Illimani Peak Names. By far the best map of Illimani is Cordillera Real Süd Illimani, published by the Deutschen Alpenverein in 1990. It contains far more information than the Bolivian Instituto Geográfico Militar maps and has relief shading. It is also accurate. (N.B.: When the then-head of the U.S. Defense Mapping Agency in La Paz, Liam O’ Brien, climbed Illimani to verify its height with modern instruments, he came out with a height of 6439 meters for Illimani’s highest peak, compared to the DAV figure of 6368 meters.) From the DAV map, starting in the north, the first of the five peaks is marked as Pico del Indio (6109m). Next is Pico Norte (a.k.a. Pico de Paris, 6403m), then Pico Central (6362m), Pico Sur (6438m) and finally Pico Layca Khollu (6159m). The Bolivian Instituto Geográfico Militar map uses the same peak names.
It should be noted that Pico Norte is not Pico de Paris. Pico de Paris was thus named by Frenchman Charles Wiener on May 19, 1877. Wiener did not climb Pico Norte, which was climbed for the first time in 1950 when Hans Ertl and Gert Schröder got up it by what was then the hardest route in Bolivia.
Wiener got to the base of Illimani by following the Río La Paz, which cuts through the Andes immediately south of Illimani and divides the Cordillera Real from the Cordillera Quimsa Cruz. He started from the southeast from what was then the hacienda of Cotaña and is now a village. If he had climbed Pico Norte, he would have crossed Pico Sur on the way and thereby have made the first ascent of Illimani’s highest peak.
Pico de Paris was renamed Pico del Indio by Martin Conway, the first person to summit Illimani’s highest peak, Pico Sur (September 9, 1898). While on the subsidiary peak of Pico de Paris, Conway found a piece of goat hair rope and took this as proof of a legend that a shepherd climbed up into the eternal snows, never to return. (Conway appears to have overlooked the possibility that Wiener’s party might have left the piece of rope.) Conway then named the peak Pico del Indio in honor of the legendary shepherd.
If Conway had climbed the as-marked Pico del Indio on his way to Pico Sur, he would have made the first traverse of the entire mountain. In his account of the climb, there is no mention of successive nights above 6000 meters, high narrow exposed ridges or any of the rest of what makes a good climbing tale.
Wiener’s account of his expedition was published in 1880 as Perou et Bolivie; a Spanish translation was published in 1993. His account lacks any significant detail, and it is not possible to tell what he climbed. His given coordinates for the peak climbed are from Paris and not from Greenwich, England, making it difficult to establish what he climbed. However, he clearly states that he climbed the most southeastern of Illimani’s peaks, that it was next to the highest peak and that it had an altitude of 6131 meters. Following the DAV map, these facts would make Wiener’s peak Pico Layca Khollu (6159m).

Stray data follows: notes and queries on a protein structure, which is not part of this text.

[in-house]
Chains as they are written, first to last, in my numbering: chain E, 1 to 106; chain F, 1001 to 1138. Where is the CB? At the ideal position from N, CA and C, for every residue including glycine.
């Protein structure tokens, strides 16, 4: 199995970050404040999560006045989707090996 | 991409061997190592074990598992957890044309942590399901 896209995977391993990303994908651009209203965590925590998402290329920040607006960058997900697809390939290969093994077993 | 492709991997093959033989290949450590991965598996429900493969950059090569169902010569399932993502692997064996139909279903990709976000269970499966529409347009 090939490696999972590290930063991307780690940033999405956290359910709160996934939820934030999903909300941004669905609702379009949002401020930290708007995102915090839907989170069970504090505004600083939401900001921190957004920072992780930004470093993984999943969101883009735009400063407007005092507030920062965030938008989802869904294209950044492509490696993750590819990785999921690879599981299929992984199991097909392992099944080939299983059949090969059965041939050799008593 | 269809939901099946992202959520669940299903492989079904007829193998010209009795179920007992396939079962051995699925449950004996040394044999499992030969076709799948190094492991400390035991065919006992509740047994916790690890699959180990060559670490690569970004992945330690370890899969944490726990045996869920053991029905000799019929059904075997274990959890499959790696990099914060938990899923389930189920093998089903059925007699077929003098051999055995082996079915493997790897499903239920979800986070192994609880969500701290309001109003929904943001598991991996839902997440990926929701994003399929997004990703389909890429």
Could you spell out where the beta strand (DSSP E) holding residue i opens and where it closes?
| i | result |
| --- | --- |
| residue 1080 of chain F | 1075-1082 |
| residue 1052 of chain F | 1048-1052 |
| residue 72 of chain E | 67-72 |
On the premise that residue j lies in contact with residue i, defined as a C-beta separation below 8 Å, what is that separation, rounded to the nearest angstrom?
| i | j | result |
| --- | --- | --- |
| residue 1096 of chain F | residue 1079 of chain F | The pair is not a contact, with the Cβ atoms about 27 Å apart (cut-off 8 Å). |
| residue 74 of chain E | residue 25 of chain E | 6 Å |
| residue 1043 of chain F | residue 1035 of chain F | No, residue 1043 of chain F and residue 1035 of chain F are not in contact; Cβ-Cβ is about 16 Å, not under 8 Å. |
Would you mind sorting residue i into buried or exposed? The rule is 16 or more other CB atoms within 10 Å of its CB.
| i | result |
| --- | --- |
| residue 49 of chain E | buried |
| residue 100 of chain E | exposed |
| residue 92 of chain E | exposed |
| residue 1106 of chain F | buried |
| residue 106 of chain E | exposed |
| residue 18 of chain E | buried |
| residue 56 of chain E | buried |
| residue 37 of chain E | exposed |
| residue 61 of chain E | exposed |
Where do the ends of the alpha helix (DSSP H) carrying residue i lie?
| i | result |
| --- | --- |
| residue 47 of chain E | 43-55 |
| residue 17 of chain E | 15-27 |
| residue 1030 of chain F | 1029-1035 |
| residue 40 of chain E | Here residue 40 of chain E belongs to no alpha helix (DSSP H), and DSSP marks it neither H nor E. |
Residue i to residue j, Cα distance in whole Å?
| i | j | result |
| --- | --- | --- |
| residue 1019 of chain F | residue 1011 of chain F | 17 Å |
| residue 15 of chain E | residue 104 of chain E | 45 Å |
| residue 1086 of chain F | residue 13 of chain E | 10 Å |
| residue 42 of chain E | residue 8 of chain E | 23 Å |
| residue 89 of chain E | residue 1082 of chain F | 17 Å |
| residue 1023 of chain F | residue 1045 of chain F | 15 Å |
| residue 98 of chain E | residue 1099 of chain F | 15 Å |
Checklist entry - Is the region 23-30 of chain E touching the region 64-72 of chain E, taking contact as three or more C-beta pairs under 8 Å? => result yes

Further clarification: Hans Ertl, in the 1953 Mountain World (p. 149), writes: “In 1877, Pico dell Indio, southern outpost of the Illimani, was climbed by Wiener. … In 1898, Conway crossed the Pico dell Indio… and made the first ascent of the south summit of Illimani.”
Further confusion: in an article by C.R.P. Vandeleur in the 1955 Alpine Journal (p. 172), he quotes Conway as being aware that Wiener had made a considerable ascent on the same side of Illimani as himself, but he could not work out what peak Wiener had climbed. A footnote, presumably written by the AJ editor, says that Wiener climbed the Central and lowest summit of Illimani. However, 1) according to the DAV map, Pico del Indio (6109m.) is the lowest of the five major peaks, followed by Layca Khollu (6159m), Central (6362m), Norte(6403m) and Sur (6368m); 2) if you got up Pico Central, it would be about 45 minutes to cross the basin and climb Pico Sur.
Further clarification: Evelio Echevarría states in a footnote in the 1978 American Alpine Journal (p. 577) that Wiener got to a summit (6131m) on the south side and named it Pic (sic) de Paris, and that Conway traversed this peak in 1898 on his way to the summit and renamed it Pico del Indio. He also states that Norte was first climbed in 1950 by Ertl and Schröder and Pico Central by Bolivians in the 1950s.
There is sufficient proof to argue that the DAV and IGM map names are wrong. I think there is enough evidence to suggest that the as-marked Pico Layca Khollu is in fact Wiener’s Pico de Paris and Conway’s Pico del Indio.
Yossi Brain, United Kingdom